Background: Many countries are experiencing recruitment and retention problems in general practice, particularly in rural areas. In the United Kingdom (UK), recent contractual changes aim to address general practitioner (GP) recruitment and retention difficulties. However, the evidence base for their impact is limited, and preference differences between principals and sessional GPs (previously called non-principals) are insufficiently explored.
Aim: To elicit GP principals' and sessional GPs' preferences for alternative jobs in general practice, and to identify the most important work attributes.
Design of study: A discrete choice experiment.
Setting: National Health Service (NHS) general practices throughout Scotland.
Method: A postal questionnaire was sent to 1862 principals and 712 sessional GPs. The questionnaire contained a discrete choice experiment to quantify GPs' preferences for different job attributes.
Results: A response rate of 49% (904/1862) was achieved for principals and 54% (388/712) for sessional GPs. Of responders, most principals were male (60%), and sessional GPs female (75%), with the average age being 42 years. All GPs preferred a job with longer consultations, no increase in working hours, but an increase in earnings. A job with outside commitments (for example, a health board or hospital) was preferable; one with additional out-of-hours work was less preferable. Sessional GPs placed a lower value on consultation length, were less worried about hours of work, and a job offering sufficient continuing professional development was less important.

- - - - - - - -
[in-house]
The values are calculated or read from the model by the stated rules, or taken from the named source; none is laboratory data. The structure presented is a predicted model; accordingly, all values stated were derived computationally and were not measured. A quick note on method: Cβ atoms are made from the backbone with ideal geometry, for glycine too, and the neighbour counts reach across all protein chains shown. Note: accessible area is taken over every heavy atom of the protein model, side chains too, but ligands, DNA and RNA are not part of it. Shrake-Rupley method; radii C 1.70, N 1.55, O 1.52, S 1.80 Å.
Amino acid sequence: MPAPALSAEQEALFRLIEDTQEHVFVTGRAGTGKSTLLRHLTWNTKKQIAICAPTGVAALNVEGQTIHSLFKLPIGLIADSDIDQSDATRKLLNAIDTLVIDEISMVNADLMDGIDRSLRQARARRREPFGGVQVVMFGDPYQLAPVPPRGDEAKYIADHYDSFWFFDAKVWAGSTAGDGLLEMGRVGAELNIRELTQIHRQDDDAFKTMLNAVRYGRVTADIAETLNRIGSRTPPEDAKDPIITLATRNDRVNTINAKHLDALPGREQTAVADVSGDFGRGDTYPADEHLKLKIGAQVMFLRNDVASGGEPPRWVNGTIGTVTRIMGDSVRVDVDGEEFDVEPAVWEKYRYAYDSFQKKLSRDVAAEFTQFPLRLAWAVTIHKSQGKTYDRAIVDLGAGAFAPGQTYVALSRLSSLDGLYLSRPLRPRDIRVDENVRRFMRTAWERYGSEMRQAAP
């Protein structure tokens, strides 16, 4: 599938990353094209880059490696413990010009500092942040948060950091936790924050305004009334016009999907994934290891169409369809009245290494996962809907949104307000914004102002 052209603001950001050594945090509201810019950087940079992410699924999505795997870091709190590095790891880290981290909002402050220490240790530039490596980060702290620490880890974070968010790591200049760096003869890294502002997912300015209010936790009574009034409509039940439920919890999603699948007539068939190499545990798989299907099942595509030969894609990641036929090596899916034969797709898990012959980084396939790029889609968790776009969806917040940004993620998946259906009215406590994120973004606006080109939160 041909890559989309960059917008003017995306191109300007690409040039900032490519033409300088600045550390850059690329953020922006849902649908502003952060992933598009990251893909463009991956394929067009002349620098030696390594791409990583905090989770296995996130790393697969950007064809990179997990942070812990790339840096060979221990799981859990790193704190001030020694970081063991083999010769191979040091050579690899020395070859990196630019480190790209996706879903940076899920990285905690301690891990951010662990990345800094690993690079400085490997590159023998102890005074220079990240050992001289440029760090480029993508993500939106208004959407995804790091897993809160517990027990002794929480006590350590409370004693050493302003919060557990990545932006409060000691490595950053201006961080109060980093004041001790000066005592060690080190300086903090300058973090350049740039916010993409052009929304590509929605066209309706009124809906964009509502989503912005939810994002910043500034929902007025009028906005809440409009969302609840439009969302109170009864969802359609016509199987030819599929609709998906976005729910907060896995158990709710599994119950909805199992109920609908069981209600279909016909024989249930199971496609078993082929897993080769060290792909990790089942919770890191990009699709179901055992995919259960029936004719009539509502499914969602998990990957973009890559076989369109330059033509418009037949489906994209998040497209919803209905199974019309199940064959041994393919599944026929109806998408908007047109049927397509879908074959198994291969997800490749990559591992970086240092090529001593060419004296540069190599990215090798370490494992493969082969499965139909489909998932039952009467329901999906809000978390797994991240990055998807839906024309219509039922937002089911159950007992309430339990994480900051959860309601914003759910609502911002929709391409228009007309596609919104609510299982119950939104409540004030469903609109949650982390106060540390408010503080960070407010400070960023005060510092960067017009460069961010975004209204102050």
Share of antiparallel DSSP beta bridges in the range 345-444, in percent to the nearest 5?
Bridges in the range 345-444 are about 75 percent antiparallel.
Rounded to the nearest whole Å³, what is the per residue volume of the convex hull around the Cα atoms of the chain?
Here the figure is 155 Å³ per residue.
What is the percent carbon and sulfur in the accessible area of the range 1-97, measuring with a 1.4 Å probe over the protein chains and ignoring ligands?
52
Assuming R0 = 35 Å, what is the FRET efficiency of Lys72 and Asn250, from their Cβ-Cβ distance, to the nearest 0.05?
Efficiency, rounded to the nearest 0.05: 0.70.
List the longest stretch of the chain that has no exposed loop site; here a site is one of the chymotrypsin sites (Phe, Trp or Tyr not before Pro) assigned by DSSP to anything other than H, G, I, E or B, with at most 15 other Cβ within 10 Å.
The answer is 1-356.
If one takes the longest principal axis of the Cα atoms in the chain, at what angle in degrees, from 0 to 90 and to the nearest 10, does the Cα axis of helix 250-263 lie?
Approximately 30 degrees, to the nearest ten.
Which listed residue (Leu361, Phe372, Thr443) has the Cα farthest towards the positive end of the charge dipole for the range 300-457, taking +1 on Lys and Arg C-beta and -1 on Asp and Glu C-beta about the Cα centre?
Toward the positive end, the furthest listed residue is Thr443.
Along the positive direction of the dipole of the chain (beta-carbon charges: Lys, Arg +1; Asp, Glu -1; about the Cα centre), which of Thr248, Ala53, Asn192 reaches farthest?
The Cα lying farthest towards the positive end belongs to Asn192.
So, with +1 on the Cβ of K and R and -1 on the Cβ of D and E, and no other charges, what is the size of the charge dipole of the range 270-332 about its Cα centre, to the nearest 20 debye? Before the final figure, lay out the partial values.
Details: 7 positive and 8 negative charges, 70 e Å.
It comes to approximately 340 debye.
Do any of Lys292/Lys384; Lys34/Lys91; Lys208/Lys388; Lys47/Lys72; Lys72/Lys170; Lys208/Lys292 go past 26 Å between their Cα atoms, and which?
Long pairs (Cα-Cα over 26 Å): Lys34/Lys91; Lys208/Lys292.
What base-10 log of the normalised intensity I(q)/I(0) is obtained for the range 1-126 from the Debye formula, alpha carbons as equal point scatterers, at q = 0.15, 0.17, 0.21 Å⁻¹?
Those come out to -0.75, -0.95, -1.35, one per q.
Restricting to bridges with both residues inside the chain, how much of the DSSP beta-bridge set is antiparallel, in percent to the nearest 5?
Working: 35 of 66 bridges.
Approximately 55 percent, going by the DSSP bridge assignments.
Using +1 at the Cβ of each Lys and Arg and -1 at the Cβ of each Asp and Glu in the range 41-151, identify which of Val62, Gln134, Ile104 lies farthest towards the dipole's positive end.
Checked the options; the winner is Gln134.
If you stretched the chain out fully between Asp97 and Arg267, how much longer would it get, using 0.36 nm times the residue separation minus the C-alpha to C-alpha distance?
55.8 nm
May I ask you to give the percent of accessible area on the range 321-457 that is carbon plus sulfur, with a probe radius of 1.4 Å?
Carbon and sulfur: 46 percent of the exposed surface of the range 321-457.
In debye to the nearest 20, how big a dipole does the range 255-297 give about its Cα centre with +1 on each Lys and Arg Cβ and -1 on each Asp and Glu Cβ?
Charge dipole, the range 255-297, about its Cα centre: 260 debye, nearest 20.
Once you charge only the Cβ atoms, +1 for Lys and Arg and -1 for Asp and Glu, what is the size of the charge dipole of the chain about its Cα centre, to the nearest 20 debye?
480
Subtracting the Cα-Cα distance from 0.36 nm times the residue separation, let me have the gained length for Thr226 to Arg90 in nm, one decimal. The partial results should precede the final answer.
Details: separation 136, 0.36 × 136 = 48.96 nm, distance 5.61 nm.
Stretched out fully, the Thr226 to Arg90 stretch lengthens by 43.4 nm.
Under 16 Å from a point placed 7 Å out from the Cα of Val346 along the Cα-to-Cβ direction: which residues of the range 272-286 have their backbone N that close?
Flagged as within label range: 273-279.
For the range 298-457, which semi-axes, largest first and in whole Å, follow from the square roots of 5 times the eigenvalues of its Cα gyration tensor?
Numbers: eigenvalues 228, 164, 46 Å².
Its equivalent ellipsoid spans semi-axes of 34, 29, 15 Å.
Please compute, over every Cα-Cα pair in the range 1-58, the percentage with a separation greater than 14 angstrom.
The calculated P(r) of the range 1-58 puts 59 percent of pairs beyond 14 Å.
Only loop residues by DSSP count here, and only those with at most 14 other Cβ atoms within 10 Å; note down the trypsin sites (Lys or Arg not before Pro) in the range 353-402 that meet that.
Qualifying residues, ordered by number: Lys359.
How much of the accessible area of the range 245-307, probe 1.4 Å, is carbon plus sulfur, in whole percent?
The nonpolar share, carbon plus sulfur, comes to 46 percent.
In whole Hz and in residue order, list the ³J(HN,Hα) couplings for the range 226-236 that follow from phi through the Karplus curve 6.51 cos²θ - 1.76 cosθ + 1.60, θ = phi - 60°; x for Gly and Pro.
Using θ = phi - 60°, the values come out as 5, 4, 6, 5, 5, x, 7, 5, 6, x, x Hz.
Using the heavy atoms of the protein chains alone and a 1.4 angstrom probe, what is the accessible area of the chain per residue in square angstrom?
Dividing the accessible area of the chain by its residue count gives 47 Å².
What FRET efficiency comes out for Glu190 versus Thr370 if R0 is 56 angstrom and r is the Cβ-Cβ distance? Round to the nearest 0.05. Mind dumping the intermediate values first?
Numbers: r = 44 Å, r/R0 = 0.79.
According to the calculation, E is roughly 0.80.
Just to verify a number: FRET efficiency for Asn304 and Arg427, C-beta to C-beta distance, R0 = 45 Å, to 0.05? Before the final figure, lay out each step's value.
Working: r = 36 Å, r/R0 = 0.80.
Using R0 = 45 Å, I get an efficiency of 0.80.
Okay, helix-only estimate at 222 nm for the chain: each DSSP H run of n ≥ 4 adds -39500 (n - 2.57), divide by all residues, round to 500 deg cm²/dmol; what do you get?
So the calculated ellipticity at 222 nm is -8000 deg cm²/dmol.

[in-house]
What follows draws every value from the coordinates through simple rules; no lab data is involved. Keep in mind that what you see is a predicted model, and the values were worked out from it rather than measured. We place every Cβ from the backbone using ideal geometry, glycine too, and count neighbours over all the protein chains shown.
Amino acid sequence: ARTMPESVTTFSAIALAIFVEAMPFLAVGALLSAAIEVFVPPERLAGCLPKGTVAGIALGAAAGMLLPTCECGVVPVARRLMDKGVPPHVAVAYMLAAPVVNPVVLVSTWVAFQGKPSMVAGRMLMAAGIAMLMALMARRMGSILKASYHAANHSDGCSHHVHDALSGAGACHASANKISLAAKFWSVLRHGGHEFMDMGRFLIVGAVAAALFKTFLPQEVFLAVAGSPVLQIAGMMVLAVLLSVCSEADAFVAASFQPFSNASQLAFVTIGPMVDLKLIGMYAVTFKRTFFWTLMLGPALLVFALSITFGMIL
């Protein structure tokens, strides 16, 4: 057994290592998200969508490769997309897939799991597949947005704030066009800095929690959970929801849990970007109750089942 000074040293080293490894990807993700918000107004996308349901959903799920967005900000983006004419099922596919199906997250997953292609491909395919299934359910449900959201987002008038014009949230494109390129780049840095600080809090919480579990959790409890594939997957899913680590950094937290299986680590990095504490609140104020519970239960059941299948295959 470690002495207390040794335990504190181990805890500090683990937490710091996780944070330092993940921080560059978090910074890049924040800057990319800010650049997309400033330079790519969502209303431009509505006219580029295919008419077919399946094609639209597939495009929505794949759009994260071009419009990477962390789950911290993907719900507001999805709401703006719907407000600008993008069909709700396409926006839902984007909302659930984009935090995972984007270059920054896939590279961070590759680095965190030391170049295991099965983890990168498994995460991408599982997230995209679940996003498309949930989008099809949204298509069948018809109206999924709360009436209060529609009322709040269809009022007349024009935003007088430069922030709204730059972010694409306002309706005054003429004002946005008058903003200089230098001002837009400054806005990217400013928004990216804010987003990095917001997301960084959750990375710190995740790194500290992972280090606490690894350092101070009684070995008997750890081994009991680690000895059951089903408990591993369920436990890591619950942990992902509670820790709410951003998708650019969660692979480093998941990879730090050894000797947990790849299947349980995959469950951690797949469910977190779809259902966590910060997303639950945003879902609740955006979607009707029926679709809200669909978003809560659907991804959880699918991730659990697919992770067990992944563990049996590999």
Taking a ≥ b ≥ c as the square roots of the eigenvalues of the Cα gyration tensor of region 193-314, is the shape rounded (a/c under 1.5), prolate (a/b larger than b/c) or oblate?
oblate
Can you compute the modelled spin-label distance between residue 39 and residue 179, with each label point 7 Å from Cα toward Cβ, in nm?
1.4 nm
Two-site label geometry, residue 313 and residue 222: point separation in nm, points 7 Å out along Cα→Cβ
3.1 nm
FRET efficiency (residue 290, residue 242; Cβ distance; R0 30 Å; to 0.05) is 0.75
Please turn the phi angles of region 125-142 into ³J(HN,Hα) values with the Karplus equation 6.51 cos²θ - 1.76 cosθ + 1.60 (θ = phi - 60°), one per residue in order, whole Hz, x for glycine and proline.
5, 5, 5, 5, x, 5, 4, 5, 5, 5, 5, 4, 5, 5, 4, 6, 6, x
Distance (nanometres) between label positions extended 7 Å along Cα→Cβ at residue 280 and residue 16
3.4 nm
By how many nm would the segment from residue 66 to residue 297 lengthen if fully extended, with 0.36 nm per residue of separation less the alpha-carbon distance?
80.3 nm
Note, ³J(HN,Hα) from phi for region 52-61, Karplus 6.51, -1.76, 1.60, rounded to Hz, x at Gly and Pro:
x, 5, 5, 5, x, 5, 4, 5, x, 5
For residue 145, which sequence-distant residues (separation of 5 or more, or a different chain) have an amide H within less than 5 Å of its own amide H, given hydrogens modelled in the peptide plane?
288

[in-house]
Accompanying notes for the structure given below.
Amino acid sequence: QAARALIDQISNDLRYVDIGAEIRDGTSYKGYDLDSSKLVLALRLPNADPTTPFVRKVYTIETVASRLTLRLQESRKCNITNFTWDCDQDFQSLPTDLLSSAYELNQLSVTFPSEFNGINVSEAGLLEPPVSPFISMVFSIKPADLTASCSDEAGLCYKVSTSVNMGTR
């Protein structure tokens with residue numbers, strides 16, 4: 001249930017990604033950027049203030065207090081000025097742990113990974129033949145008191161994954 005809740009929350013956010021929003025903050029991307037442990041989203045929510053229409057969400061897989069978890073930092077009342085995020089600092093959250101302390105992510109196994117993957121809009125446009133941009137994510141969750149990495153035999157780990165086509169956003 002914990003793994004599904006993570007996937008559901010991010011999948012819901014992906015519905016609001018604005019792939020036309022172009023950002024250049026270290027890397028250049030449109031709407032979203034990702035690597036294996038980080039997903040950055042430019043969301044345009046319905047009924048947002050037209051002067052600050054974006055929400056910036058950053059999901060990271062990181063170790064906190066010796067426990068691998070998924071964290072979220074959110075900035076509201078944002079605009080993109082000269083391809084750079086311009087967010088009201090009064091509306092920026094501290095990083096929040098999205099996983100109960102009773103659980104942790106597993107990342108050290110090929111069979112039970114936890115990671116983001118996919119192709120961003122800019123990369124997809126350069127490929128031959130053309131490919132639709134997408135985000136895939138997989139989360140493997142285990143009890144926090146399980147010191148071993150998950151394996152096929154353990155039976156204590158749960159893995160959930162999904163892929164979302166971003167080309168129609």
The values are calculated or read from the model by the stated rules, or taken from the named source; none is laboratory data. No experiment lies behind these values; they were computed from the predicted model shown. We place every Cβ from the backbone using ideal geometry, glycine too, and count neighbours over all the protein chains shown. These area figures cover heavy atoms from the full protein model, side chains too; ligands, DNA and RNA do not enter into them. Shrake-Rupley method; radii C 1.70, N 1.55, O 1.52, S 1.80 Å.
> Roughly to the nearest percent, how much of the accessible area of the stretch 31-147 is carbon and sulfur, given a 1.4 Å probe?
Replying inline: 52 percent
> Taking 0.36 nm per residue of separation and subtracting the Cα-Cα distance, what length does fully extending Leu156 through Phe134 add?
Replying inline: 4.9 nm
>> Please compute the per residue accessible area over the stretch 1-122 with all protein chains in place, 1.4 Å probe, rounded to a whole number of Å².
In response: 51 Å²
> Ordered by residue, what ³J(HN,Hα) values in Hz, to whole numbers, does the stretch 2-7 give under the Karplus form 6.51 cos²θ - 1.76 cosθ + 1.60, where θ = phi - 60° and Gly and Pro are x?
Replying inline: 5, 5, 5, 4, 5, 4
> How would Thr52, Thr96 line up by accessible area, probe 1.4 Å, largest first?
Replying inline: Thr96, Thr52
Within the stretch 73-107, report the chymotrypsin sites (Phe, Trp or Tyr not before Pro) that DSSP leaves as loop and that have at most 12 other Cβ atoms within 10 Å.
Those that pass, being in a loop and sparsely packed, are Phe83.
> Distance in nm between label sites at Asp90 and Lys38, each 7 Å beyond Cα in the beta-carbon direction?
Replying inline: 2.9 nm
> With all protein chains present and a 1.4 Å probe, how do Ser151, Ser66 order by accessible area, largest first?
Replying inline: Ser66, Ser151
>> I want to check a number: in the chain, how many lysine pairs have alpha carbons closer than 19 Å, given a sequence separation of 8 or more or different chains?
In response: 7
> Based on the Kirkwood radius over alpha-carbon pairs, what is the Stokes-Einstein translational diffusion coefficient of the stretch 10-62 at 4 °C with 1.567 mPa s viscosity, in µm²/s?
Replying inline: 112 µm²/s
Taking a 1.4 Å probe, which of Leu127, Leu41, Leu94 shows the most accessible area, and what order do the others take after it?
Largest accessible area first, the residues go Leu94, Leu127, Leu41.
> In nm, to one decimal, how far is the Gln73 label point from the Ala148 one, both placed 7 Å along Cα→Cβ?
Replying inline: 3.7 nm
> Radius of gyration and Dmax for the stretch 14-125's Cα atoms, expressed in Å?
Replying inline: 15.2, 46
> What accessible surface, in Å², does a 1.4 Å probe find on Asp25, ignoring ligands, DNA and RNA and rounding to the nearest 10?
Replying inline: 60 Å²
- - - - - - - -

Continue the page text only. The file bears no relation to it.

Conclusion: The differences in preferences between principals and sessional GPs, and also between different personal characteristics, suggests that a general contract could fail to cater for all GPs. Recruitment and retention of GPs may improve if the least preferred aspects of their jobs are changed. However, the long-term success of contractual reform will require enhancement of the positive aspects of working, such as patient contact.